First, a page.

You are constantly making choices from when you wake up until you rest your head at night. Some of these choices are minute in nature and are decided without a second thought.
Choosing one soda brand over another or having chicken instead of beef isn’t a life-or-death decision unless you are deathly allergic to the food or drink. Other choices, however, can be monstrous and may require long periods of careful thought and consideration. You should spend a great deal of time researching the purchase of a home or when deciding to change career paths.
Most people do not understand the importance of the choices they are making. Can you remember the last time you stopped to examine your choices for the previous day, week, month, or year? Every single decision we make shapes our lives. They shape our thoughts, actions, feelings, and emotions. They build upon each other, one after the other, to determine whom we spend our time with, what we do for work, where we live, and how we spend our money.
Not all choices are made equally, but all choices have consequences. A choice can be based on reason, logic, self-thought, or research. A choice can also be made in the heat of the moment and be emotionally charged.
Choices can be good, bad, or non-consequential. Since our choices ultimately determine how our lives turn out, we should make great strides in equipping ourselves with the best choice-making process we can. How, then, do we make the best choices for ourselves?
A decision-making process determines every choice. This process usually includes a combination of rational thinking, gut feelings, and personal biases. Due to the mixture of each individual’s specific conscious and unconscious factors that determine the choice, it isn’t easy to give an all-encompassing equation that provides positive choices for everyone.
Below are some steps to take to help you regarding making better choices.
- Research and gather as much information as possible
- Contemplate any other alternatives
- Determine benefits and costs if using an alternative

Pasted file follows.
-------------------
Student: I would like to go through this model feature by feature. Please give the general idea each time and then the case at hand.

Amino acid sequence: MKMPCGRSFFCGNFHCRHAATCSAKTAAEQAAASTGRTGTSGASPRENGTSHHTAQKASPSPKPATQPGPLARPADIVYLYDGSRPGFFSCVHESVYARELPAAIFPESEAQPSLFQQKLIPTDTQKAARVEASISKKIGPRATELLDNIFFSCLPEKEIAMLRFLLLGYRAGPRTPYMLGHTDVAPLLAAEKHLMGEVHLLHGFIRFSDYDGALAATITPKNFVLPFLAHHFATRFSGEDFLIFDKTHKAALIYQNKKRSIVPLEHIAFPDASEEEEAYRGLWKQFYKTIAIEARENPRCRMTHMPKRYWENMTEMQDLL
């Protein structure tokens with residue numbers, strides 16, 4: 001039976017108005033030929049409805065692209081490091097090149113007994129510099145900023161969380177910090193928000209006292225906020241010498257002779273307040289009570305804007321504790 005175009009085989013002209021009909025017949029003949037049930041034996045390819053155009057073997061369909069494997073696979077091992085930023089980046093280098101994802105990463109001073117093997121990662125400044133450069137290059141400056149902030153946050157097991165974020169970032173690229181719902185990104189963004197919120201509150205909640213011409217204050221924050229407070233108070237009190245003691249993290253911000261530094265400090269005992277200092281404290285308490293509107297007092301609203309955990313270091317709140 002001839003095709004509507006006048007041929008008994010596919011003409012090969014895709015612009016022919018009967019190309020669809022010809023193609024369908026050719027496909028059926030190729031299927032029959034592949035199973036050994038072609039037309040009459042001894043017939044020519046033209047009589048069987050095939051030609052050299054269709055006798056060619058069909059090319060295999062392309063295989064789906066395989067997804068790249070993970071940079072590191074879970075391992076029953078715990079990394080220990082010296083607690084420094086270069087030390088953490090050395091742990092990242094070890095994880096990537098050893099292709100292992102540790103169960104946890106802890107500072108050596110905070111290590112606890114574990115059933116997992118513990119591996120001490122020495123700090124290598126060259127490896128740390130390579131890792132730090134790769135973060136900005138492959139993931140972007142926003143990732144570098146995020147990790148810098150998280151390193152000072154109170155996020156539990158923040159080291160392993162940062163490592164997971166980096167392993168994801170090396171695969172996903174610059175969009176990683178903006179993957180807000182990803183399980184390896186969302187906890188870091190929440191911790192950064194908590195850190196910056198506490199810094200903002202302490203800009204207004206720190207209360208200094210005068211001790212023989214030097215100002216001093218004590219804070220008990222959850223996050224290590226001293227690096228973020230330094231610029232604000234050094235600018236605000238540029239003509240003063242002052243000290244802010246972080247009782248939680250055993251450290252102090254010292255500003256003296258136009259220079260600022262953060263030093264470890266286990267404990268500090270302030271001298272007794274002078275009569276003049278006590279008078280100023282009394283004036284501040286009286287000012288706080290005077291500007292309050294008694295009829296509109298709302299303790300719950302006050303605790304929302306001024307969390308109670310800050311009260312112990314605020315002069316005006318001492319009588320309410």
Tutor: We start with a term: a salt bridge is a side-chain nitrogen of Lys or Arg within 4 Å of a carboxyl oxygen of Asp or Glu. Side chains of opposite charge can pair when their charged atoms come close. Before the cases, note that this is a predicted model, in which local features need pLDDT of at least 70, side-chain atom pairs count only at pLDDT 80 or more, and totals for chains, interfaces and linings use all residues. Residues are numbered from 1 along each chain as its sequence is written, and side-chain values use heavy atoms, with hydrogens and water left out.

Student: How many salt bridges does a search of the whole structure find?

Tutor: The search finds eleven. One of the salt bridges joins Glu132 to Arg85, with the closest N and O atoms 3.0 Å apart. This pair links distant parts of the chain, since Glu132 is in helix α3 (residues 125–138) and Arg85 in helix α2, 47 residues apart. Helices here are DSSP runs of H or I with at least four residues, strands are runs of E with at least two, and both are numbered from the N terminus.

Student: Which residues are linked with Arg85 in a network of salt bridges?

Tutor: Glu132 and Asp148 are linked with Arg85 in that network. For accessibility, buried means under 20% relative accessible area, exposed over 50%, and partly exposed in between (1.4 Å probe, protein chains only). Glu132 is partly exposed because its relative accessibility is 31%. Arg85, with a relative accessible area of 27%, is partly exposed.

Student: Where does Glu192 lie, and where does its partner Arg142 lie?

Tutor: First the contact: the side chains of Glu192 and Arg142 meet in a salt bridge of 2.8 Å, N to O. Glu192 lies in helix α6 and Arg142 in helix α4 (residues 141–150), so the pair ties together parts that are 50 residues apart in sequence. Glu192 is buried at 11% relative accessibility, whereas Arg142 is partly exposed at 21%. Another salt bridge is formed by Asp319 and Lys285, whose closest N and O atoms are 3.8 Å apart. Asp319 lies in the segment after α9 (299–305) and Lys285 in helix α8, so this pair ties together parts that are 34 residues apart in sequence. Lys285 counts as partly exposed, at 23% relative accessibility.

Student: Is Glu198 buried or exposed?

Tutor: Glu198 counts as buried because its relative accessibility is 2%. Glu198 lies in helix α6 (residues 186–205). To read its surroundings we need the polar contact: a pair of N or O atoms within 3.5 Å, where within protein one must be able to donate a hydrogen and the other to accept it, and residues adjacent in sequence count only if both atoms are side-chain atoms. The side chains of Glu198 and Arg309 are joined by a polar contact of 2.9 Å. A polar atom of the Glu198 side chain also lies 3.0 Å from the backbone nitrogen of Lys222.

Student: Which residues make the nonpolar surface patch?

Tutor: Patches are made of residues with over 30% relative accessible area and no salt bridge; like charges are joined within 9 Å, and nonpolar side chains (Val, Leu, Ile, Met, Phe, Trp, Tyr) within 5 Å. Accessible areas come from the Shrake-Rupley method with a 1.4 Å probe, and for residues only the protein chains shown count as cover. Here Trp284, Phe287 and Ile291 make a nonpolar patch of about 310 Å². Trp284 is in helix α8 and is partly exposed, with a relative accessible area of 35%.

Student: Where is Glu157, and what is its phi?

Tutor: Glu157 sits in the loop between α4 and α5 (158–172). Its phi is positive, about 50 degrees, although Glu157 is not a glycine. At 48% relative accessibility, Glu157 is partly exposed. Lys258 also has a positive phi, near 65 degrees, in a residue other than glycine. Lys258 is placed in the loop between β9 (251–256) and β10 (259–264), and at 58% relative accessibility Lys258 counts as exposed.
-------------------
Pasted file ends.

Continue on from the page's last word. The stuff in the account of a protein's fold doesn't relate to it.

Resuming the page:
- Take time to think about your decision before actually making it.
According to the Enterprisers Project, there are four different decision-making approaches. Each approach is detailed below:
A directive decision maker bases their choices on their experience, thoughts, and knowledge. They typically make logical decisions and do not appreciate uncertainty.
An analytical decision maker bases their choices on as much information as possible. They will research data, use personal observations, and seek counsel to support them in their final choice. Their choices are not made in the moment.
A conceptual decision-maker takes a more creative approach. They engage socially and like to collaborate with others for a wide range of perspectives before making a choice.
Their choices can be described as out-of-the-box and future-oriented.
A behavioural decision-maker takes a group-oriented approach. They determine different potential choices and then give a group those choices to determine the pros and cons.
According to Psychology Today, fear, a lack of self-control, and panic may be parts of the choice-making process, yet, pushing past these feelings is crucial to making a better choice.
Numerous studies have shown that the more choices a person is given, the less capable they are of making any choice. This is called the paradox of choice, outlined in Barry Schwartz’s book by the same name. The paradox of choice (too many options) can lead to decision paralysis (inability to make a choice).
Your choices are what make your life. You are accountable for what you do while on this planet. Your level of success and quality of life is determined by the choices you make. Take the necessary time and effort to make the best possible choices for yourself.